There is a clear routine in the way pupils learn. Teachers plan activities to build pupils' skills and knowledge over time. This has led to pupils achieving well in mathematics.

Pupils are well prepared for their next stage of learning. Pupils' work shows that they work hard, taking pride in their learning.

Children make a strong start in the early years and settle quickly into school.

Staff plan interesting learning activities that develop children's language skills. Children enjoy listening to stories that adults read to them.

The special educational needs coordinator (SENCo) keeps a close eye on the provision for pupils with SEND.

Teachers provide additional help, if it is needed, to make sure that pupils with SEND can learn alongside their classmates

Leaders make sure that pupils study the full range of national curriculum subjects. Plans for all subjects show how pupils' understanding will build over time. In some subjects, for example art, leaders have broken down plans to show precisely the subject-specific knowledge and skills pupils will learn when they are studying a particular topic.

This helps teachers check that pupils are learning and remembering what they should be. In some subjects, for example history and design technology, plans lack the same level of detail. Links to the local area help to make learning relevant for pupils.

For example, pupils recently visited Denby Delf nature reserve where they studied birds, flowers and wildlife. Pupils say that this helps them with their artwork.


The arrangements for safeguarding are effective.

There are robust systems in place to check that all adults who work with pupils are suitable to do so. Records of these checks are comprehensive and up to date. Staff and governors are trained to understand their responsibilities and how to spot the signs of abuse or neglect.

They know how to report their concerns. The school works well with agencies to seek specialist support when necessary. Leaders take appropriate action to safeguard pupils.

Governors check regularly on safeguarding processes to ensure that they remain robust. Pupils have a secure knowledge of how to keep themselves safe, including when online.

What does the school need to do to improve?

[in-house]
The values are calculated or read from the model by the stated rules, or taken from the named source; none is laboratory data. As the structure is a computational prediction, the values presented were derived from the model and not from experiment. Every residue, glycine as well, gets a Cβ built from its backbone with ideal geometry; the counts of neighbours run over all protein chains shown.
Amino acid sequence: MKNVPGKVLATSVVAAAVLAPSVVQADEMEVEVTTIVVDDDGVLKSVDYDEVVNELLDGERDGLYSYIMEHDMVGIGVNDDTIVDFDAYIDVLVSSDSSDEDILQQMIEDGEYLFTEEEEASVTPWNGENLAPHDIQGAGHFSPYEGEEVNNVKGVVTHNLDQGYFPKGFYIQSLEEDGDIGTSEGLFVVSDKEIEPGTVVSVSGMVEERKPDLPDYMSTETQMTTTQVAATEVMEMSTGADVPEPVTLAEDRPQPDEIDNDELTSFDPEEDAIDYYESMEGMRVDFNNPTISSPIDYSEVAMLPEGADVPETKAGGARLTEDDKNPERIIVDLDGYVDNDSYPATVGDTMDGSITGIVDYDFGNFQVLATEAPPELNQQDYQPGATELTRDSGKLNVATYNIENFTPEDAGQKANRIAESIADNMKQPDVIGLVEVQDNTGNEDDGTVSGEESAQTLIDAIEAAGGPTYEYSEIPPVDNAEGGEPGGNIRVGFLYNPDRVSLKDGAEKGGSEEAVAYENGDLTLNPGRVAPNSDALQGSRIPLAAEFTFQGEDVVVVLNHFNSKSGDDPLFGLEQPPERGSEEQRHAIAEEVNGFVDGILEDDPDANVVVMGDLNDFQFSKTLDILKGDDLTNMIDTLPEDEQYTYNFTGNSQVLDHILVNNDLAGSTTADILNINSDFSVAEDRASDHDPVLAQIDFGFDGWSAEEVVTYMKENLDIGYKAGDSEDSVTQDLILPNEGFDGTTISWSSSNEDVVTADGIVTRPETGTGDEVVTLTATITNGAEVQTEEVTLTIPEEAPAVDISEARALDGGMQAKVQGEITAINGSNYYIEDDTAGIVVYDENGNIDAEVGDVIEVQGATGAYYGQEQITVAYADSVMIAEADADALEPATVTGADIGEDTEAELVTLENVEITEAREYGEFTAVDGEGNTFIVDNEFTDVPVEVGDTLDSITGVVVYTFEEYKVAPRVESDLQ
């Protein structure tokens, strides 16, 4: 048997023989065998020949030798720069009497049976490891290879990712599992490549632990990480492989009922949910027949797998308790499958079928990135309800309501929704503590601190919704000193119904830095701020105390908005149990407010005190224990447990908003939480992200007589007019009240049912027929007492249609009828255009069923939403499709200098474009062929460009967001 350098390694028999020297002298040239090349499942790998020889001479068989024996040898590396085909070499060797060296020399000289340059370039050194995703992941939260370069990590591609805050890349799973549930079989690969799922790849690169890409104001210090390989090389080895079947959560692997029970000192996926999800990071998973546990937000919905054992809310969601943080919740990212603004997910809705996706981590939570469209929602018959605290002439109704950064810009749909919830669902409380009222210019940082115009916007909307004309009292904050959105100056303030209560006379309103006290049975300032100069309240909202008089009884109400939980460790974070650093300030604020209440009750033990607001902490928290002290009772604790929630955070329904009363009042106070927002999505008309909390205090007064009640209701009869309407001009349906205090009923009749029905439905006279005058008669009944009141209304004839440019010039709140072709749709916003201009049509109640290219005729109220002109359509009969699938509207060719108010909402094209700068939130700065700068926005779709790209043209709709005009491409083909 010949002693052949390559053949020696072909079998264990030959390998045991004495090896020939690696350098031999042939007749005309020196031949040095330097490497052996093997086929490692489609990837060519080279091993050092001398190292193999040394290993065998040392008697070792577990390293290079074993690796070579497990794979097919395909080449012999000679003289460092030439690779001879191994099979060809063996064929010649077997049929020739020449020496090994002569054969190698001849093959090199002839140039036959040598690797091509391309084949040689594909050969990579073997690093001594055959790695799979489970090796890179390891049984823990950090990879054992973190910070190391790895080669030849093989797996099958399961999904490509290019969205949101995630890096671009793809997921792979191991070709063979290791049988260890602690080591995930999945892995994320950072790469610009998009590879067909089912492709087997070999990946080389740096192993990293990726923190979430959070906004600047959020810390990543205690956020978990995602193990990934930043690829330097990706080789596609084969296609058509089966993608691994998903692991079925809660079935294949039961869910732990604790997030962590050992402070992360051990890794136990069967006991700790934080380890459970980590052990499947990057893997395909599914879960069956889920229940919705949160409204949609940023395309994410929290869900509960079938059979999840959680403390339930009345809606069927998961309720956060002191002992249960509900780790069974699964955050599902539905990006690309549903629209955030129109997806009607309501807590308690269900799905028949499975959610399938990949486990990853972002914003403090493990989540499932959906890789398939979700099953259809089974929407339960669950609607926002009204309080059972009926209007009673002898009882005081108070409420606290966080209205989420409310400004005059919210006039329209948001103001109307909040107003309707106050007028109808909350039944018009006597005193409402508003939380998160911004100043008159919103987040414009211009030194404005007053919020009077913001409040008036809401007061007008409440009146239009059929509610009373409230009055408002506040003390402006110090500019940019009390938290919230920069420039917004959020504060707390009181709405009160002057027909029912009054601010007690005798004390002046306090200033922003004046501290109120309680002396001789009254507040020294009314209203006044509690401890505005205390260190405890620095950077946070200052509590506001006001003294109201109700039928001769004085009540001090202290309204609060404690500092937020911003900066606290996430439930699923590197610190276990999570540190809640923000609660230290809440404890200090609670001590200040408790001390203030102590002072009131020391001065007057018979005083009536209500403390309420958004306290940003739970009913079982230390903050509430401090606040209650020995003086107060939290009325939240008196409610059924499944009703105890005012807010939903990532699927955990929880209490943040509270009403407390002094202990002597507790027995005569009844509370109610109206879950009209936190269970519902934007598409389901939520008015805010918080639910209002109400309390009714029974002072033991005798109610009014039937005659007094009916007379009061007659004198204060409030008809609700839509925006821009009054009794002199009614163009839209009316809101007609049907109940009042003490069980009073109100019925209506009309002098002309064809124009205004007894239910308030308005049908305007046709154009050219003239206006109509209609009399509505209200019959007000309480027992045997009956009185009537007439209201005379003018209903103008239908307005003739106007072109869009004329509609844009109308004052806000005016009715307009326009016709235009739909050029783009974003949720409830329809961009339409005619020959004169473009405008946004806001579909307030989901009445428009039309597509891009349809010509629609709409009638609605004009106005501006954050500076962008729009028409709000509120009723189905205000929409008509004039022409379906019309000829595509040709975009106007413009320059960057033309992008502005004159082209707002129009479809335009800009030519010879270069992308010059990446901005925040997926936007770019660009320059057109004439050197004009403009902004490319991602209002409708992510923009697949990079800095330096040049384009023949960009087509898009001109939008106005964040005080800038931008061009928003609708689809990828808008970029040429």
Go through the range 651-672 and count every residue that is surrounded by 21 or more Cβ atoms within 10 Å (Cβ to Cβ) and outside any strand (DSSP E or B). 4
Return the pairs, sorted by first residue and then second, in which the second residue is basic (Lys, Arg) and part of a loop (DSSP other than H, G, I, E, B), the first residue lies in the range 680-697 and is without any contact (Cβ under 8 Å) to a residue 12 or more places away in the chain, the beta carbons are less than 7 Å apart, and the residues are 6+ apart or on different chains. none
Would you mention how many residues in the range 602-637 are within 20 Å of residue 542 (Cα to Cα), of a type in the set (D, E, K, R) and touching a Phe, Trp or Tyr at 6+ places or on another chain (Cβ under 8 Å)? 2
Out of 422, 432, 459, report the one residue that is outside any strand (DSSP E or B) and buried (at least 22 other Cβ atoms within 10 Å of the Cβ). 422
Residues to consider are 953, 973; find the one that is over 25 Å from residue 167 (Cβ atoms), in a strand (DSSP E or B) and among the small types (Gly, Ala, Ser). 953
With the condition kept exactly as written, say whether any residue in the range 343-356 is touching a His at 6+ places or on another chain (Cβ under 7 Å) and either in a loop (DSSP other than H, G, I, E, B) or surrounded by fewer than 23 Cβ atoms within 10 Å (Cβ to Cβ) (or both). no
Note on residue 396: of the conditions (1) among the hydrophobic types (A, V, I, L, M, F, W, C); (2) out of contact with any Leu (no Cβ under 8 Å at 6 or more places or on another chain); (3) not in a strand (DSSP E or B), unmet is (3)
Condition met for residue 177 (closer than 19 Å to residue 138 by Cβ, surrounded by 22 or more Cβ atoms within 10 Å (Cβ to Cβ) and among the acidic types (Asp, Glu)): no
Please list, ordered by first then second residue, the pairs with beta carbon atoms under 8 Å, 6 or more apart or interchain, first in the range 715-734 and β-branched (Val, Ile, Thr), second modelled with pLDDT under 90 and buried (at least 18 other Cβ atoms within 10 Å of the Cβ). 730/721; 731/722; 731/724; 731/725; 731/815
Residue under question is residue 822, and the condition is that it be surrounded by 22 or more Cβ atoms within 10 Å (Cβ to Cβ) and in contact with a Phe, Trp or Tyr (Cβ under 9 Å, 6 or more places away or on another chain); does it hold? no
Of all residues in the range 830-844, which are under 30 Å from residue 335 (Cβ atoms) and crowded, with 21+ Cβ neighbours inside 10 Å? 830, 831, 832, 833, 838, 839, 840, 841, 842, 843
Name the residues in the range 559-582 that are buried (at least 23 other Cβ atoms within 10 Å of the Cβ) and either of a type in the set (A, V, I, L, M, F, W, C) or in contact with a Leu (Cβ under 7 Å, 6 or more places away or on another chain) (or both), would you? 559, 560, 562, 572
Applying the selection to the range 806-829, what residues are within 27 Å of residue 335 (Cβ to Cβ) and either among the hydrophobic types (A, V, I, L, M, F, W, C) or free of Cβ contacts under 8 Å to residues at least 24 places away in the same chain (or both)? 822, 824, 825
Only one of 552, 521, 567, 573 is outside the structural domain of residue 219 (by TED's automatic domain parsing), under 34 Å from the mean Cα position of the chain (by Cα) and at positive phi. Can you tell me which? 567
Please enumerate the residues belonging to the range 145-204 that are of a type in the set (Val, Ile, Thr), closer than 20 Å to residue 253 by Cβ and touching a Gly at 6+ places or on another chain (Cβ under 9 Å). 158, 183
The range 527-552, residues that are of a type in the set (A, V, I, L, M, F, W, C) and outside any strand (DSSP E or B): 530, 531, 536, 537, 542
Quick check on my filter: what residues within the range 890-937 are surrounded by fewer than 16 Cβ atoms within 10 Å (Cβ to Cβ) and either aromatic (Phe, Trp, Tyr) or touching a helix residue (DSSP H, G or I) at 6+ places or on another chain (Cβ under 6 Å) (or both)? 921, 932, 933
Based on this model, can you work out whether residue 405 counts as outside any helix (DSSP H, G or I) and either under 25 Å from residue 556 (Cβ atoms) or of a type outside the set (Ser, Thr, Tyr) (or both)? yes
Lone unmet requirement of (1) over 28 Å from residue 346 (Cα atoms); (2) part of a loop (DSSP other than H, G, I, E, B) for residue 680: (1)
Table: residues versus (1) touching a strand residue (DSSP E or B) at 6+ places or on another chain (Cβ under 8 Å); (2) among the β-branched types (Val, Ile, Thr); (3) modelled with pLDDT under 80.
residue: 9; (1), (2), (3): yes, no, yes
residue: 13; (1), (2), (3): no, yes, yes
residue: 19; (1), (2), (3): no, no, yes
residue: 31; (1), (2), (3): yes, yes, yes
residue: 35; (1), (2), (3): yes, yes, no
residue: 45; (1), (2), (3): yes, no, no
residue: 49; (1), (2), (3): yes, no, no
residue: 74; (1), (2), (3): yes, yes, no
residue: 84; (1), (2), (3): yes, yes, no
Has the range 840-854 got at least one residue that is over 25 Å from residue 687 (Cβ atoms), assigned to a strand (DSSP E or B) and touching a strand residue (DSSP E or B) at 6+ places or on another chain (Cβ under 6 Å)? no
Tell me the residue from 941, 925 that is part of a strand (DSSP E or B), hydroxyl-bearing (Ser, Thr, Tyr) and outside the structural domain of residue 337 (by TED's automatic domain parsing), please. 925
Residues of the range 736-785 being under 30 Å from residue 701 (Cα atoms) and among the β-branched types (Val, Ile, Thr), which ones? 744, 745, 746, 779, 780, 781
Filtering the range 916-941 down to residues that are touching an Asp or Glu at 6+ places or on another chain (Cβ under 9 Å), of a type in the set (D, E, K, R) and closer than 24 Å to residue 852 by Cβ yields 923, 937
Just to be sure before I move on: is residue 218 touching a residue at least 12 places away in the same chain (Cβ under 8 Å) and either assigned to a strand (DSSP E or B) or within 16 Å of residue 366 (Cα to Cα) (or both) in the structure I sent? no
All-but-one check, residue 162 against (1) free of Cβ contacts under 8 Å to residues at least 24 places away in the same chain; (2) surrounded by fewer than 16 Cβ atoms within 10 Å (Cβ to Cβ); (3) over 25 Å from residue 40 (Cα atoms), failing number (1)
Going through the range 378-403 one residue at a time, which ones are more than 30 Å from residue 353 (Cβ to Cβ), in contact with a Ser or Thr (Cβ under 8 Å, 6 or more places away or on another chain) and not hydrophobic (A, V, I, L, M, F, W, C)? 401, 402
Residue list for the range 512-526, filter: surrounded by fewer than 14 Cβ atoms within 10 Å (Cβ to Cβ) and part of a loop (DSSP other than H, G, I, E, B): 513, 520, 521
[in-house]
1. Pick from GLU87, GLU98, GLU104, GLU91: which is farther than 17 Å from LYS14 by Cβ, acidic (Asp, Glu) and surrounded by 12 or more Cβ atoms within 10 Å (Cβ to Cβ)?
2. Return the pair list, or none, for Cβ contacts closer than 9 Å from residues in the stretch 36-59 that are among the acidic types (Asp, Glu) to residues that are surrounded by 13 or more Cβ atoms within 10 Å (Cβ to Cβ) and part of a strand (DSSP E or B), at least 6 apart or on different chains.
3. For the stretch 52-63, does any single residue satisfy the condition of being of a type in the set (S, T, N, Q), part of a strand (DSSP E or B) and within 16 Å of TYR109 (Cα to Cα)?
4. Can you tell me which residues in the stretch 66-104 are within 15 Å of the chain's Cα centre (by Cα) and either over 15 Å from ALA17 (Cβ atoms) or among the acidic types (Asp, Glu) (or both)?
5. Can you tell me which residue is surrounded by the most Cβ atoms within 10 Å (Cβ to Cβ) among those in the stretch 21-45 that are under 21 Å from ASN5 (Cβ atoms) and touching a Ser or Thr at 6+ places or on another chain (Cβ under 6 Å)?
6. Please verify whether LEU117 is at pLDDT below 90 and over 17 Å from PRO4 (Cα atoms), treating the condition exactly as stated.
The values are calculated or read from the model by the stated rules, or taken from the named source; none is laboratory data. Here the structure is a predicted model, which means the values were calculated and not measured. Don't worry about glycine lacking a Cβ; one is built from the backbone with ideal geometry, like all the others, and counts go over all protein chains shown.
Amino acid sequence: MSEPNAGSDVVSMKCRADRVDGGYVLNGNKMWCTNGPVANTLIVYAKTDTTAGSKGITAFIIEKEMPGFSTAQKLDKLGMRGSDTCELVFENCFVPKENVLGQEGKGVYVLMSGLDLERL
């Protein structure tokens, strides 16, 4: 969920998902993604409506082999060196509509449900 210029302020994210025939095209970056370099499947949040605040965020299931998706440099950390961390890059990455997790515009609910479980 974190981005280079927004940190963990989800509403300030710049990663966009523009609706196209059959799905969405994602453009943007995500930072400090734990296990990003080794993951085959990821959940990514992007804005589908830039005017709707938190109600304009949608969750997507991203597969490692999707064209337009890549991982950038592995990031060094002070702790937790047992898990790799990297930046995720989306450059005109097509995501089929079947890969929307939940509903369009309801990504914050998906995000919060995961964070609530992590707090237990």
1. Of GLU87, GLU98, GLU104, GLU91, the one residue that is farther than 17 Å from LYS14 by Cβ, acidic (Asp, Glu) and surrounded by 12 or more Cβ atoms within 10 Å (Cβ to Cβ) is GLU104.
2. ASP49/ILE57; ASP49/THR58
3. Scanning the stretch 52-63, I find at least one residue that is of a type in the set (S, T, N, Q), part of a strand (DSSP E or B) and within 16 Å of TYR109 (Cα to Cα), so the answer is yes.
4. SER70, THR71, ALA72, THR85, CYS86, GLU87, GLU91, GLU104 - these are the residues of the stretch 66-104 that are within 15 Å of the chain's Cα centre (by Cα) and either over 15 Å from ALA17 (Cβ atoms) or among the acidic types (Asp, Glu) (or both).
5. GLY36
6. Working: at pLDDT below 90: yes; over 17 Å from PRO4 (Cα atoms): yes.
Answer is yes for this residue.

(Information for the school and appropriate authority)

• Not all curriculum plans are sufficiently detailed.

They do not consistently show what pupils will learn in each subject to make sure that pupils build their knowledge and remember more. This means that, in some subjects, it is more difficult to check if pupils have learned what teachers intend them to learn. Leaders need to make sure that all schemes of work are precise about exactly what knowledge and skills pupils will learn, particularly in history and design technology, so that all pupils are able to learn more and remember more.

• Although pupils learn about different faiths and cultures, their experiences of faiths other than Christianity are few. As a result, pupils do not have detailed knowledge of different faiths and cultures.


When we have judged a school to be good, we will then normally go into the school about once every four years to confirm that the school remains good.

This is called a section 8 inspection of a good or outstanding school, because it is carried out under section 8 of the Education Act 2005. We do not give graded judgements on a section 8 inspection. However, if we find evidence that a school would now receive a higher or lower grade, then the next inspection will be a section 5 inspection.

Usually this is within one to two years of the date of the section 8 inspection. If we have serious concerns about safeguarding, behaviour or the quality of education, we will deem the section 8 inspection as a section 5 inspection immediately.

This is the second section 8 inspection since we judged the school to be good in October 2011.